As the COVID-19 pandemic sweeps across the United States, it is increasingly affecting those who are not infected. Social bonds are being broken, businesses are closing, jobs are being lost, and the stress is mounting.
In a poll conducted March 25-30, 45% of Americans said that stress resulting from the pandemic is having a negative impact on their mental health, compared with 32% expressing that view, the Kaiser Family Foundation .
In the later survey, the effect looked like this: 19% of all respondents said that the pandemic has had a major negative impact and 26% said it has been minor so far. Women were more likely than men (24% vs. 15%) to report a major impact, as were blacks and Hispanic adults (both at 24%) compared with whites (17%), the KFF investigators said.
More Hispanic (44%) and black (42%) respondents also said that they had already lost their job, lost income, or had their hours reduced without pay as a result of the pandemic, compared with whites (36%). Among all respondents, 26% had lost income from a job or business and 28% had lost their job, been laid off, or had their hours reduced without pay, according to KFF.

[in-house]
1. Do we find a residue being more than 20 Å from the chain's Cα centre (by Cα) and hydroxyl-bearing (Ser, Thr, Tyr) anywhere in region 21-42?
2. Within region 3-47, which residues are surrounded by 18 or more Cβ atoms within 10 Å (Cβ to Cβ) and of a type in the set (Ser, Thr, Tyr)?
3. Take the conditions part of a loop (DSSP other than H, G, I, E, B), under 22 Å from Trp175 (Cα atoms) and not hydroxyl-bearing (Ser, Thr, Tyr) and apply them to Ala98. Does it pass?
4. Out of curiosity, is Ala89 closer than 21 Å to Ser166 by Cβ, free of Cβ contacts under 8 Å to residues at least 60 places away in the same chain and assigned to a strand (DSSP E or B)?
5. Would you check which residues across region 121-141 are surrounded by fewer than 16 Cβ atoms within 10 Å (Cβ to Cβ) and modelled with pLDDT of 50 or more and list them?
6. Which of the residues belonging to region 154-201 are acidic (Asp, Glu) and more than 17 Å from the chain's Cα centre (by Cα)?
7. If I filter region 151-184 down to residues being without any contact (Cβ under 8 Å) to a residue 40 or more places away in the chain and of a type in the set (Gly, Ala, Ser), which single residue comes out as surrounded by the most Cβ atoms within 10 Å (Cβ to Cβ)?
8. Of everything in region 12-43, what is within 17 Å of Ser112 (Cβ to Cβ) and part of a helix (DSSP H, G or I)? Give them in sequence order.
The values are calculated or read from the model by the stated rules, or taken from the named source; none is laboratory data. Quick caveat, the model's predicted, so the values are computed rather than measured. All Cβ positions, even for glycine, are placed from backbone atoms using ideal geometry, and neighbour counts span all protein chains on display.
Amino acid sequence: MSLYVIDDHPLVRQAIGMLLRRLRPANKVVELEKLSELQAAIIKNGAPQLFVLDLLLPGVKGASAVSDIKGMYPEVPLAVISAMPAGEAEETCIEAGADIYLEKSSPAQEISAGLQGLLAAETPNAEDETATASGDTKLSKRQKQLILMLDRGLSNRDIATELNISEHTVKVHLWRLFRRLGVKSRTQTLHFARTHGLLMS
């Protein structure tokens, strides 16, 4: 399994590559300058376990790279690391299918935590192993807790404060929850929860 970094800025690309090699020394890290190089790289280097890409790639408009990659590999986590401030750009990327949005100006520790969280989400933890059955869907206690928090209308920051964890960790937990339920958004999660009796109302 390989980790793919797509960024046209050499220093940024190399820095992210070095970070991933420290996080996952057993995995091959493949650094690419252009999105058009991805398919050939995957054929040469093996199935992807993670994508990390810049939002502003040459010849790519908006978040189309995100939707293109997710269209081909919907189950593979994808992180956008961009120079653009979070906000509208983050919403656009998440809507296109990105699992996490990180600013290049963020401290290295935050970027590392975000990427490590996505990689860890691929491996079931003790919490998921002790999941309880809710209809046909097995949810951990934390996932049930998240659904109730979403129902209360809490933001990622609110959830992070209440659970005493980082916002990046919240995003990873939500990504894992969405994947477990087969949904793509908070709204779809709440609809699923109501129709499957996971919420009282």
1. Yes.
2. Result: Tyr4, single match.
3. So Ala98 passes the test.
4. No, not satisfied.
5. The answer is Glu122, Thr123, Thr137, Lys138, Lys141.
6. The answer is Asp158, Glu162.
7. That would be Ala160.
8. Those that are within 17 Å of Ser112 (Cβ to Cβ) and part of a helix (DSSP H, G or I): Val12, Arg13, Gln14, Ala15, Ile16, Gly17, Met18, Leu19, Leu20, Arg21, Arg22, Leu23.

A majority of respondents (57%) reported “being worried they will put themselves at risk of exposure to coronavirus because they can’t afford to stay home and miss work,” the researchers said. That figure is up from 35% in the earlier survey.
Anxiety about work-related exposure was even higher among hourly workers or those who get paid by the job (61%) and among employed adults who earn less than $40,000 annually (72%), they reported.
Overall, 72% of respondents said that their lives have been disrupted “a lot” or “some” by the coronavirus outbreak, and that is a jump of 32 percentage points over the previous poll, the investigators noted.
The disruption is expected to continue, it seems, as 74% believe that the worst is yet to come “in spite of the health, social and economic upheaval that Americans are already experiencing,”.